Rating: 3 stars
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Aiden M. Scott is 26 years old, 3 years dead, and stuck in Limbo. What is a bored departed supposed to do with limitless time on his hands? Why become a reaper of course. And for three years, that is the job Aiden has done. He is a reaper, more of a social worker really, for the newly departed. Aiden and the other reapers meet the newly dead as they arrive in Limbo, and then help them to ascend by assisting them in discovering what is holding them back. Some of the dead move on immediately, and for others, it can take years of “celestial therapy” before they move on and Aiden is so tired of it all. He can’t figure out why he has never ascended and he is getting a little depressed.
Then Brandon shows up in Limbo, Aiden’s best friend and secret crush. Aiden asks Miles, the head reaper, to be Brandon’s caseworker. He wants to be the one to help Brandon move on. More accurately, Aiden wants time to spend with Brandon before he moves on, and taking a personal interest in your “client” is frowned upon in the reaper business. So Aiden tries to hide his attraction to Brandon, even from Brandon himself. But when Brandon confesses he is gay to Aiden, Aiden realizes that he has a confession of his own to make before its too late. Between Limbo and Heaven, is there room for love?
After reading this story, all I could think was that perhaps InstaLove In Limbo would have been a more accurate title. It’s not that this is a poorly written story because it isn’t. It’s just that there is nothing particularly memorable about it either. Every person has their own take on what happens after death. There are funny takes as well as epic ones. This one runs more along the lines of Dilbert in Limbo. I will let Brandon tell you about it as he questions Aiden on the afterlife:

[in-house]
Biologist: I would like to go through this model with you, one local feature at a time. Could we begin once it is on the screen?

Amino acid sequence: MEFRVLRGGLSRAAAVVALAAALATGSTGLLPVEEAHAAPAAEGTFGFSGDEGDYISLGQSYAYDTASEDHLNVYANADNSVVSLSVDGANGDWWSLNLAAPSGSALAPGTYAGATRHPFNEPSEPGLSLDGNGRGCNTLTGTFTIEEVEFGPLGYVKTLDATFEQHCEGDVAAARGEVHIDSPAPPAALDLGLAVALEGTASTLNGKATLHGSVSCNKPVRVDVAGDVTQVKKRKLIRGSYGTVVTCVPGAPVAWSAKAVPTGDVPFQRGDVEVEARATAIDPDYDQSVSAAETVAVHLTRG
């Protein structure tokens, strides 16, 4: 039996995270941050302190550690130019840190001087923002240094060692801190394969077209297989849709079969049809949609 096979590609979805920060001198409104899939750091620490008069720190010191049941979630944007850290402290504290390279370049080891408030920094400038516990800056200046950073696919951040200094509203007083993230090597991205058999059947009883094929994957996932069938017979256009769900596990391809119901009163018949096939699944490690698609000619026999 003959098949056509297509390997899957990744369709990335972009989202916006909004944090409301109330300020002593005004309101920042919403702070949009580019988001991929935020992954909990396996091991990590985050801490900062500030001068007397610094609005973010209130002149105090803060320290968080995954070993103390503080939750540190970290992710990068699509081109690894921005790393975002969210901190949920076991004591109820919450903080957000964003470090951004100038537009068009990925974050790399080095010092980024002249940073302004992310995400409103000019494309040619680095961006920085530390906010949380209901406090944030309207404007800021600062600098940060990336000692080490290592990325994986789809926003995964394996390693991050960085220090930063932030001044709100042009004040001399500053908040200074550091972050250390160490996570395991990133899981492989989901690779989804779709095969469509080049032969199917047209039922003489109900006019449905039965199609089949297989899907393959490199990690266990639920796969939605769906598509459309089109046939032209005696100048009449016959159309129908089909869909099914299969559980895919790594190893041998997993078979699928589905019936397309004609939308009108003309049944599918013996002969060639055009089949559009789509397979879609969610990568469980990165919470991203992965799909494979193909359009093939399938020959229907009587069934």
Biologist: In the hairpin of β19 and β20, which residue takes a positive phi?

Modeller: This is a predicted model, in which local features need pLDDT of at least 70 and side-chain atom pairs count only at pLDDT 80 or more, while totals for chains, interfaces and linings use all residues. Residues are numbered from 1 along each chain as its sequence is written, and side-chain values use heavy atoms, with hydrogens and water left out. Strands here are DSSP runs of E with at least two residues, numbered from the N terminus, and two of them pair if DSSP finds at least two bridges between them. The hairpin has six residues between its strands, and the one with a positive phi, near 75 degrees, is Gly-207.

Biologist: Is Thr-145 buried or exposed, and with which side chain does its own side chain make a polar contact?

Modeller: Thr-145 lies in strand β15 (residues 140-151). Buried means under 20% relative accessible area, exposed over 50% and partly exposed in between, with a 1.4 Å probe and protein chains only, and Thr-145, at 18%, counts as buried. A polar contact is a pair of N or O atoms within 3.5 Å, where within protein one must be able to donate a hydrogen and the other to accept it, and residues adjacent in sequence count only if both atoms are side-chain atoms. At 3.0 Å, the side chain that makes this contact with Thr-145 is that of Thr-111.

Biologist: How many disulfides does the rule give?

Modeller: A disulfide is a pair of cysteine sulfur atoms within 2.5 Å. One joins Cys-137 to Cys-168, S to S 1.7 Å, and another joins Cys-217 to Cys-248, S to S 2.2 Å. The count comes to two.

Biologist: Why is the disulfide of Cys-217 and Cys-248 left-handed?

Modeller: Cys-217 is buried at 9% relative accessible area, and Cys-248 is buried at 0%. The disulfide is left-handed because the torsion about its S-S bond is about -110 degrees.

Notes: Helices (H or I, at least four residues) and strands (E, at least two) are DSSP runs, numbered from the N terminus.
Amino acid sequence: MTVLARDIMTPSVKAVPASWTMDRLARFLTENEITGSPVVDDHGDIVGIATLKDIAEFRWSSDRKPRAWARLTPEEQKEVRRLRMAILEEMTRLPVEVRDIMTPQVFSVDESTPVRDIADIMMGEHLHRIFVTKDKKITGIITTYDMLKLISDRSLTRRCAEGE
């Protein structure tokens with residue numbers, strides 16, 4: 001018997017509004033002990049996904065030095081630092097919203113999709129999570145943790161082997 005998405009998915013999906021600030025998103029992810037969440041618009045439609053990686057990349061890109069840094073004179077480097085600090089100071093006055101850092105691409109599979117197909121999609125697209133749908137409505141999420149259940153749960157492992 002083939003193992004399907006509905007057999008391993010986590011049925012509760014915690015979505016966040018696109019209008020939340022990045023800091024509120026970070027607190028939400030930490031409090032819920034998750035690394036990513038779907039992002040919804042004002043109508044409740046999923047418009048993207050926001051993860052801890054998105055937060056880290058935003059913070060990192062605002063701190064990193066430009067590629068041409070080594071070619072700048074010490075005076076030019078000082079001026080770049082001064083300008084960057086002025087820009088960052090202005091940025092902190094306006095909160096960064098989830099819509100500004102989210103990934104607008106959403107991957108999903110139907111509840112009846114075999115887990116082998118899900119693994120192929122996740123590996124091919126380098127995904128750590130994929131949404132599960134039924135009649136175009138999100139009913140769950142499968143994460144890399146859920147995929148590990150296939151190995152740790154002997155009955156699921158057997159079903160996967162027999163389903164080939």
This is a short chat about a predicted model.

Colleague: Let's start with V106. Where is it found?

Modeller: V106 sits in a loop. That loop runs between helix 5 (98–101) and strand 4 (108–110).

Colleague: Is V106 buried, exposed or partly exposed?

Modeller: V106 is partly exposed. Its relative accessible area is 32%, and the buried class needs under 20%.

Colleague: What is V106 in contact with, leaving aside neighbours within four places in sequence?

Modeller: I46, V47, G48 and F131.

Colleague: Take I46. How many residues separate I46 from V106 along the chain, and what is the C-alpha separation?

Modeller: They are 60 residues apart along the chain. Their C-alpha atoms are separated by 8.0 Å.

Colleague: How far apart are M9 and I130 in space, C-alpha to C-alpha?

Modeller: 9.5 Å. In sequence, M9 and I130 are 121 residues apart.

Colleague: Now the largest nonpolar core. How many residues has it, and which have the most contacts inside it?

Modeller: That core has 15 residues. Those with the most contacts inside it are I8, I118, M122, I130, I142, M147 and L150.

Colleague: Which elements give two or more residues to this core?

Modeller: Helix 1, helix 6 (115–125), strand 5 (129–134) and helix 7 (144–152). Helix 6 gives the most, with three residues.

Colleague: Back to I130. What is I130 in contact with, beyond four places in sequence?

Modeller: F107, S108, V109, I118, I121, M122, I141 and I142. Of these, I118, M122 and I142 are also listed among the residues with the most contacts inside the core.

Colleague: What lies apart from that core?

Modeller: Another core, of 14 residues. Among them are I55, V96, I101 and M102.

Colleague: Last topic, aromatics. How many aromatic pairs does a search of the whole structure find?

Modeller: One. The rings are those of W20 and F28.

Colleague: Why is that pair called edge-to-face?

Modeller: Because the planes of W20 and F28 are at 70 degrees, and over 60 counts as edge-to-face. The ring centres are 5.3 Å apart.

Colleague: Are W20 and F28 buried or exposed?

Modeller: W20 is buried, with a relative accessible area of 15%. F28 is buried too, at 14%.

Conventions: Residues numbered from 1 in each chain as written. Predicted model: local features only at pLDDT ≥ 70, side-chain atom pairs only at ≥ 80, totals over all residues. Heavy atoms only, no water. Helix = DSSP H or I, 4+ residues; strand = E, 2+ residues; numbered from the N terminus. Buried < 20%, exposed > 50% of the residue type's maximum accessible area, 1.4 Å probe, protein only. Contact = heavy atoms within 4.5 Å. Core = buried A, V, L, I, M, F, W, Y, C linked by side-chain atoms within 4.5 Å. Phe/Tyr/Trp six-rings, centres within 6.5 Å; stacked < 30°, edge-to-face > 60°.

“So you work until the day you die. Then you work some more? Doesn’t sound too peaceful to me.”
“No, but sitting back and waiting for something to happen isn’t fun either. We use work, even without pay, to escape the mundane. It helps, but only a little.”
“What do we do now?”
Well, at that point I wanted to put the book down. You mean there are cubicles in limbo? Sounds more like a level of hell to me. If this had been a comedic take on the afterlife, then this would have been an amusing twist but it’s all very serious. Also the world building should continue to give a complete feel to the afterlife the author has constructed. The afterlife is dull, its colors dampened, fine. But there are stores that remain open so the reapers can get coffee, etc. Who runs those if everyone either moves on or is a reaper? Don’t know. What about the reaper organization? Not real sure about that either, which is surprising considering how big a role that plays in the story.
The same issues that I have with the author’s world building continue into her characterization. Not much difference between Aiden and Brandon. Could very well be the same person. Closeted, bland, then instalove. The only character I was interested in was Mrs. Emily Davidson, a long-term resident of limbo in need of assistance in ascending. She was more complex than either of the two main characters and therefore, far more interesting. Once of the things that kept her from moving on was her anger at her husband for not waiting for her to arrive so they could go on together. Understandable and human. But at the end, the author seems to have forgotten that part of Emily’s story and brings in a totally new reason for her to ascend (one not even suggested at), and it just doesn’t make any sense.
Nor does the ending. I won’t go into it but it seems almost a refutation of the story’s premise, almost as though the author couldn’t figure out which way she wanted to go with the plot’s focal point. In the end, I did waver between a 2.75 stars and a 3. It was Mrs. Davidson that gave this story a 3-star rating, but I don’t think that is enough to recommend it to a reader. If a friends to lovers in limbo story is your thing, then you might want to pick this one up, otherwise I would give it a miss. There are many wonderful books out there to read. I would find those instead.
Cover Artist: Kalen O’Donnell delivers a nondescript cover that has nothing to do with the story within.